The White House ultimately declined to comment for Greenblatt’s article, which was published two days after the email exchanges.
In February, as doubts about Hartnett White’s qualifications and expertise increased ― even among Senate Republicans ― the White House withdrew her nomination.
Asked by HuffPost to comment on the emails, a Council on Environmental Quality spokesperson said that “while assisting with the nomination process, Loyola forwarded the questions from the December 2017 inquiry to the then-nominee, Hartnett White, because they pertained to her ongoing Senate nomination process.”
The White House did not respond to questions. Neither Seal nor Hartnett White answered similar requests.
“The emails illustrate the extent to which the Trump administration is willing to nominate someone who is a mouthpiece for polluters to a top environmental position."”
The episode is precisely the sort of behind-the-scenes coziness between industry and government representatives that concerns ethics watchdog groups.
“The emails expose the Trump administration eagerly using energy lobbyists to craft PR and provide answers to journalist’s queries,” said Tyson Slocum, director of Public Citizen’s energy program. “This is wildly inappropriate, and demonstrates the importance of aggressive congressional oversight of the administration’s penchant for taking marching orders from corporate lobbyists.”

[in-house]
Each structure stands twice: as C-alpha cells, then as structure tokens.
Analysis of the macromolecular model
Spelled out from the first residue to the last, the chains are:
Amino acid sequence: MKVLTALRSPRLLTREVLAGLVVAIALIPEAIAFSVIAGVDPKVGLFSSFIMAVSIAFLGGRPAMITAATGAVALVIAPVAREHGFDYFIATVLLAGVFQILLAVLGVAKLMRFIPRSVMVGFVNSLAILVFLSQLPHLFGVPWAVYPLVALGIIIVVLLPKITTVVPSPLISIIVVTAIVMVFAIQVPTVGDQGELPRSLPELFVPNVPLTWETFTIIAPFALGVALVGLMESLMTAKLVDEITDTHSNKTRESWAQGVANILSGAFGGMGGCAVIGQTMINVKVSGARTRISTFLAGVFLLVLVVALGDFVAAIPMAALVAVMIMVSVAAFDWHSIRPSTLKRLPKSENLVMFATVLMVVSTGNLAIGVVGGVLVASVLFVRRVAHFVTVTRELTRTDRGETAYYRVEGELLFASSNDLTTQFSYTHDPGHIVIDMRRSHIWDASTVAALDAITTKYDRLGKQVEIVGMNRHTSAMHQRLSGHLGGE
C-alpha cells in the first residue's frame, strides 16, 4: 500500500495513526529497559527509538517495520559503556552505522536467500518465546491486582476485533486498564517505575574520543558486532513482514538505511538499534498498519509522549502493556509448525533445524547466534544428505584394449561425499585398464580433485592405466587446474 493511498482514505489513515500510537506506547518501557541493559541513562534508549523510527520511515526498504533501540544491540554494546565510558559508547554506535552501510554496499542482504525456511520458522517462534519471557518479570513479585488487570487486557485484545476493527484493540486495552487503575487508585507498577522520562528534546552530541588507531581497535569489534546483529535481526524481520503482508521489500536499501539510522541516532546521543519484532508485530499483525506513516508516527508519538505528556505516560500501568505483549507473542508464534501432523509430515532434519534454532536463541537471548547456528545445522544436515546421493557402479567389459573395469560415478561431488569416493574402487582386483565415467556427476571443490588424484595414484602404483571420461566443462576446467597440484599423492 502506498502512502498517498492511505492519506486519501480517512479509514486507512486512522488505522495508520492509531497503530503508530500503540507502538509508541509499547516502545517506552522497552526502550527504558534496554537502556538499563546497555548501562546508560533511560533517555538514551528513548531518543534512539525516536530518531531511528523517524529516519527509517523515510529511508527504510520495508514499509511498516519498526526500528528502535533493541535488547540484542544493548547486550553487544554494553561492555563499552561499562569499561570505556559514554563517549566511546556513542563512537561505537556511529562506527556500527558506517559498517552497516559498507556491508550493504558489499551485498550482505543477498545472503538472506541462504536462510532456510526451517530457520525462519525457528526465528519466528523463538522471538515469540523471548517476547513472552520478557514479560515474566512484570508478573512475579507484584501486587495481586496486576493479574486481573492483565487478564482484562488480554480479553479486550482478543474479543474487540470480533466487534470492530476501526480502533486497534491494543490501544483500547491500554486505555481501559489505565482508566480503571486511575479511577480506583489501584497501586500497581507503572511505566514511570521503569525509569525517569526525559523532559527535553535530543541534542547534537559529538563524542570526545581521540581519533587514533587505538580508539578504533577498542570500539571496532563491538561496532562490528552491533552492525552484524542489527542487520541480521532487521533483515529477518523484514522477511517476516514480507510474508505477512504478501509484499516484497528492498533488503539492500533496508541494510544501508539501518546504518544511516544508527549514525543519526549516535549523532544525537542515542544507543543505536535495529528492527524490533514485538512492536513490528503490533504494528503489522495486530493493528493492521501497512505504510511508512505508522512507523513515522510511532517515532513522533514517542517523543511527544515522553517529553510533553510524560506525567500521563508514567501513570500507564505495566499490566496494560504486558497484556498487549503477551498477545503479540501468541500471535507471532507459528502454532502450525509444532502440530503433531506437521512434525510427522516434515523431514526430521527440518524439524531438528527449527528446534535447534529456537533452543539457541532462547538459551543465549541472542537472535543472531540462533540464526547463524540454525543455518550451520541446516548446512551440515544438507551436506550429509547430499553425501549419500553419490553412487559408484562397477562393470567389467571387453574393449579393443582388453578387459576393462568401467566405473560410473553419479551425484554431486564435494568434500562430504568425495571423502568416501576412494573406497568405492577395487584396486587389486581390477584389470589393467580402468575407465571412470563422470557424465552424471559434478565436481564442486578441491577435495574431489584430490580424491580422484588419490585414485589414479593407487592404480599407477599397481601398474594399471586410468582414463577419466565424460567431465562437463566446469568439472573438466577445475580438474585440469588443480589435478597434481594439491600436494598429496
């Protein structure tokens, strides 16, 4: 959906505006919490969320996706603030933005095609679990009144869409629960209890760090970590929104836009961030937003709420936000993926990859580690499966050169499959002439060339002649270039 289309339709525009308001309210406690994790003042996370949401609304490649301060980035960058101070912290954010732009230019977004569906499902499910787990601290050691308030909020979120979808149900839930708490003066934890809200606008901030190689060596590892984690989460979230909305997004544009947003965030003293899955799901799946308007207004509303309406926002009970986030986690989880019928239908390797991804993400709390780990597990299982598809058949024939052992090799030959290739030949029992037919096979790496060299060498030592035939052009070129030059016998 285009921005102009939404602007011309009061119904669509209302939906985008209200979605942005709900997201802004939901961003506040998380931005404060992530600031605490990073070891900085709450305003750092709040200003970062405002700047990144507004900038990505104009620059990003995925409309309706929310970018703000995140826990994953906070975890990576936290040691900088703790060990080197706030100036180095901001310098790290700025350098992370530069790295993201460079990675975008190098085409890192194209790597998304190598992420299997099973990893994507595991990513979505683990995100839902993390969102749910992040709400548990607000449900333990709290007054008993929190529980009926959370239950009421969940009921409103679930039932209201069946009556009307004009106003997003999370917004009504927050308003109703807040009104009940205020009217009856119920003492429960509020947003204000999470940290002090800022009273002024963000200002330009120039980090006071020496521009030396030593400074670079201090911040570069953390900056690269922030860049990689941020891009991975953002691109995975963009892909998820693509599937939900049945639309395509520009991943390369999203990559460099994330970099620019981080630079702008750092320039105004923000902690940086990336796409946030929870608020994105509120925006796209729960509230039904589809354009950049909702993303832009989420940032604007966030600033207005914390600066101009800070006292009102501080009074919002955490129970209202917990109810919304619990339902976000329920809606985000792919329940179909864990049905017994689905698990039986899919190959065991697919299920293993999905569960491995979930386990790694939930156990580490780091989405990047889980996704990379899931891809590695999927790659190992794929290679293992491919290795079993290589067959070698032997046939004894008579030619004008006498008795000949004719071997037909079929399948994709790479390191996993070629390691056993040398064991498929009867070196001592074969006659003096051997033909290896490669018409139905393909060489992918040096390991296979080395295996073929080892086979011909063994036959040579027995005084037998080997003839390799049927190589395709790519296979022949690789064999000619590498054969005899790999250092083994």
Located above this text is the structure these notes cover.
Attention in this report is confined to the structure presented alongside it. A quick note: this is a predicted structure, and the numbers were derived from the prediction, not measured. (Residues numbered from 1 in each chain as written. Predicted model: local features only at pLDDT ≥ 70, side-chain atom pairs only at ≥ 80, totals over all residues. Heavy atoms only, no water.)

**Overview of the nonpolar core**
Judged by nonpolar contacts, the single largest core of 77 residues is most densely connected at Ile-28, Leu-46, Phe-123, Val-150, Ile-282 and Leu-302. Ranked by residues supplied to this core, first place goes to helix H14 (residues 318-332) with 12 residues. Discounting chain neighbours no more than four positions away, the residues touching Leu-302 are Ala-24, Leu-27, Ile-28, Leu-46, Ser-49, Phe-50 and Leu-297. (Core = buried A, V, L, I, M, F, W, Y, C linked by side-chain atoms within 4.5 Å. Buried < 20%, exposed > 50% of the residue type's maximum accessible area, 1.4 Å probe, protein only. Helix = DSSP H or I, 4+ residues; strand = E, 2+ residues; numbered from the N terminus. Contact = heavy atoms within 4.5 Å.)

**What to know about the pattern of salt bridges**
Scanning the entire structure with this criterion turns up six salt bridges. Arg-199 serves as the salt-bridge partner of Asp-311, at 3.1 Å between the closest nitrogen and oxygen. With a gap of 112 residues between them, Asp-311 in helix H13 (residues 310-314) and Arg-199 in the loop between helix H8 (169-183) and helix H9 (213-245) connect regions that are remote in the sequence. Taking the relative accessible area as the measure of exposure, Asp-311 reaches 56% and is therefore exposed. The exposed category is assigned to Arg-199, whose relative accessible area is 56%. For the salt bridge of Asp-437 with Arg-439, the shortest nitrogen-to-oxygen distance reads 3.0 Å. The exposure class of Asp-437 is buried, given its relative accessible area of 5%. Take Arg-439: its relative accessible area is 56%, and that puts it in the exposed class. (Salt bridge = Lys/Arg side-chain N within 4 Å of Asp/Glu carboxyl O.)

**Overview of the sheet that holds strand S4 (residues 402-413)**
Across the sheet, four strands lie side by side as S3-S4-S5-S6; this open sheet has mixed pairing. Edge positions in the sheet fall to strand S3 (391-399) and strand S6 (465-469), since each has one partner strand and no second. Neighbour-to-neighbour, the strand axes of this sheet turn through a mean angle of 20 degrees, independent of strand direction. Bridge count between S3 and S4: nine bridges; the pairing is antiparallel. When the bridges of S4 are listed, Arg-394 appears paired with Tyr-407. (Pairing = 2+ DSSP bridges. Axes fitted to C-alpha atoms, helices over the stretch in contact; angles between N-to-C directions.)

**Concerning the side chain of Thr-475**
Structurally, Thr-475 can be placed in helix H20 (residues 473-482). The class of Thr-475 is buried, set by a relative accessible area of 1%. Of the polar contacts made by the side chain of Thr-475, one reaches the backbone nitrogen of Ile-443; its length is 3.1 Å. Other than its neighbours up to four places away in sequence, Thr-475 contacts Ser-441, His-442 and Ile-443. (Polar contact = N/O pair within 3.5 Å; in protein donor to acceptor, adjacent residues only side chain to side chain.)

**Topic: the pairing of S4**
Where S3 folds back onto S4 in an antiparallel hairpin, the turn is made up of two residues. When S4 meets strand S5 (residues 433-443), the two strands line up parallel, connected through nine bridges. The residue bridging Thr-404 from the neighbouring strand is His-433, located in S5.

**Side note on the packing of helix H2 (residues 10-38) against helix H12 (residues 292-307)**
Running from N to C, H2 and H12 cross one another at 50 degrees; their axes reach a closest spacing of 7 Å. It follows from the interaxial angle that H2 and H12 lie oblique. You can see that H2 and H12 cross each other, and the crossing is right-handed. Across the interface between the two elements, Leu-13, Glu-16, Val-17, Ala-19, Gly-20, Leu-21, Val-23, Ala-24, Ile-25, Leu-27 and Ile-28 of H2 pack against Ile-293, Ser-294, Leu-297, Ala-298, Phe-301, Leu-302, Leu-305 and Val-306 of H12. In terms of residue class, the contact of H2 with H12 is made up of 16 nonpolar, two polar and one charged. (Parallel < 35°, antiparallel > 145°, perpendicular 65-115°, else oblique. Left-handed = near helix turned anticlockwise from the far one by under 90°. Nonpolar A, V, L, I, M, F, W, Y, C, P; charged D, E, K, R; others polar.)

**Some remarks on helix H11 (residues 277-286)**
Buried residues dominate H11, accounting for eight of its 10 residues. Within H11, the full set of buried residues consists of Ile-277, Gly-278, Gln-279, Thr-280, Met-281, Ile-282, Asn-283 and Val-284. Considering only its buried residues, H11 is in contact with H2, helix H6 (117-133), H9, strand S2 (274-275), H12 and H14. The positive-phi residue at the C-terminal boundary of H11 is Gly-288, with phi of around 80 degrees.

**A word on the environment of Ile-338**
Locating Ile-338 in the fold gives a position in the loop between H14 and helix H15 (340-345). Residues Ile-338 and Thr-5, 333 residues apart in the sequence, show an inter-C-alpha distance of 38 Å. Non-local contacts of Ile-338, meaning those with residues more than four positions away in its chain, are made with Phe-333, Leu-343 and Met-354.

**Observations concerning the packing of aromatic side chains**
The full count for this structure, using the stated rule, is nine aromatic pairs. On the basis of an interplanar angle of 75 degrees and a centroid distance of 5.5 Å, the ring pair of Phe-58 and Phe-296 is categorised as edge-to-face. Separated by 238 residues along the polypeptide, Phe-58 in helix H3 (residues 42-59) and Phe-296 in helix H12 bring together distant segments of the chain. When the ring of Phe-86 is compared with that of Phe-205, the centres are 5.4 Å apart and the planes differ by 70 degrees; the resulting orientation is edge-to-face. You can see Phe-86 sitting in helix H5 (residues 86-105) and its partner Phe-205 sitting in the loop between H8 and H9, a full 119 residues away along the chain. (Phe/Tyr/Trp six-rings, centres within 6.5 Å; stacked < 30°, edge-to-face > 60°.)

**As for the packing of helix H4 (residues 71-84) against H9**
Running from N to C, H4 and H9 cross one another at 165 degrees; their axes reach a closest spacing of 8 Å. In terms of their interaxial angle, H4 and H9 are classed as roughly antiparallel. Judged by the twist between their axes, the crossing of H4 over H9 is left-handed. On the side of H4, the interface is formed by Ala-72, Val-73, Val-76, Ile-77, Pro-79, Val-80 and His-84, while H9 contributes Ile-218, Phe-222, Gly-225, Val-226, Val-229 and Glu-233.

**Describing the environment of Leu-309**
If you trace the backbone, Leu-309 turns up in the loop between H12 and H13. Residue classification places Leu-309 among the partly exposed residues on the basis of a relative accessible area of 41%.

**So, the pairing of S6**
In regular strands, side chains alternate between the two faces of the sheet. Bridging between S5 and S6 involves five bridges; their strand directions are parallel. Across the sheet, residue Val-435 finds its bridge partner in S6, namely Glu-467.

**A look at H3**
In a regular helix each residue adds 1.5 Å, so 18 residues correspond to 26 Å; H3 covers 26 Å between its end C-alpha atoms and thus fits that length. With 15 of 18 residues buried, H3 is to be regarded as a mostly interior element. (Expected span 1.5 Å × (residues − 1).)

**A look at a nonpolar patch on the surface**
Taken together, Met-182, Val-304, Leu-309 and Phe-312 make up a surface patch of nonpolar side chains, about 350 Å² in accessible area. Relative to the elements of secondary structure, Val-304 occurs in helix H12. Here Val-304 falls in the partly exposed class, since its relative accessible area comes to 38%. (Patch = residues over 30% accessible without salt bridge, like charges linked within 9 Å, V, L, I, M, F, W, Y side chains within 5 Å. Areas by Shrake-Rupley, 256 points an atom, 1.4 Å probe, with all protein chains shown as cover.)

The case also further illustrates the powerful sway the fossil fuel industry and the Koch network has on Trump’s administration and its energy policies. From a former Exxon Mobil CEO serving as Trump’s first secretary of state to an Environmental Protection Agency and Interior Department that have worked to benefit the industries they supposedly regulate, oil, gas and coal interests have wielded powerful influence over policy at the highest levels of government.
The attempt to install Hartnett White at the helm of Council on Environmental Quality was part of this influence.
“The emails illustrate the extent to which the Trump administration is willing to nominate someone who is a mouthpiece for polluters to a top environmental position,” said Dave Anderson, policy and communications manager for the Energy and Policy Institute, which monitors attacks on renewable energy by the fossil fuel industry.
A review of the Council on Environmental Quality’s visitor logs shows that Loyola met with Nasi and Gibbs – the lobbyists copied on Seal’s email – shortly before Hartnett White’s confirmation hearing. Another email obtained by HuffPost reveals Hartnett White shared her opening statement with Loyola a week in advance of the hearing.
Loyola is one of many former employees and fellows from Koch-backed groups and think tanks now working in the Trump administration. His work calendar from the first half of 2017 suggests he’s involved in ongoing efforts to expedite environmental reviews of infrastructure projects. In his writings, published in such conservative outlets as The Federalist, National Review and The Weekly Standard, Loyola has railed against the EPA and climate change policy.
Only a month before he joined Trump’s Council on Environmental Quality, Loyola questioned the scientific consensus that humans are driving the climate crisis, employing the common denialist trope of “climate alarmism.”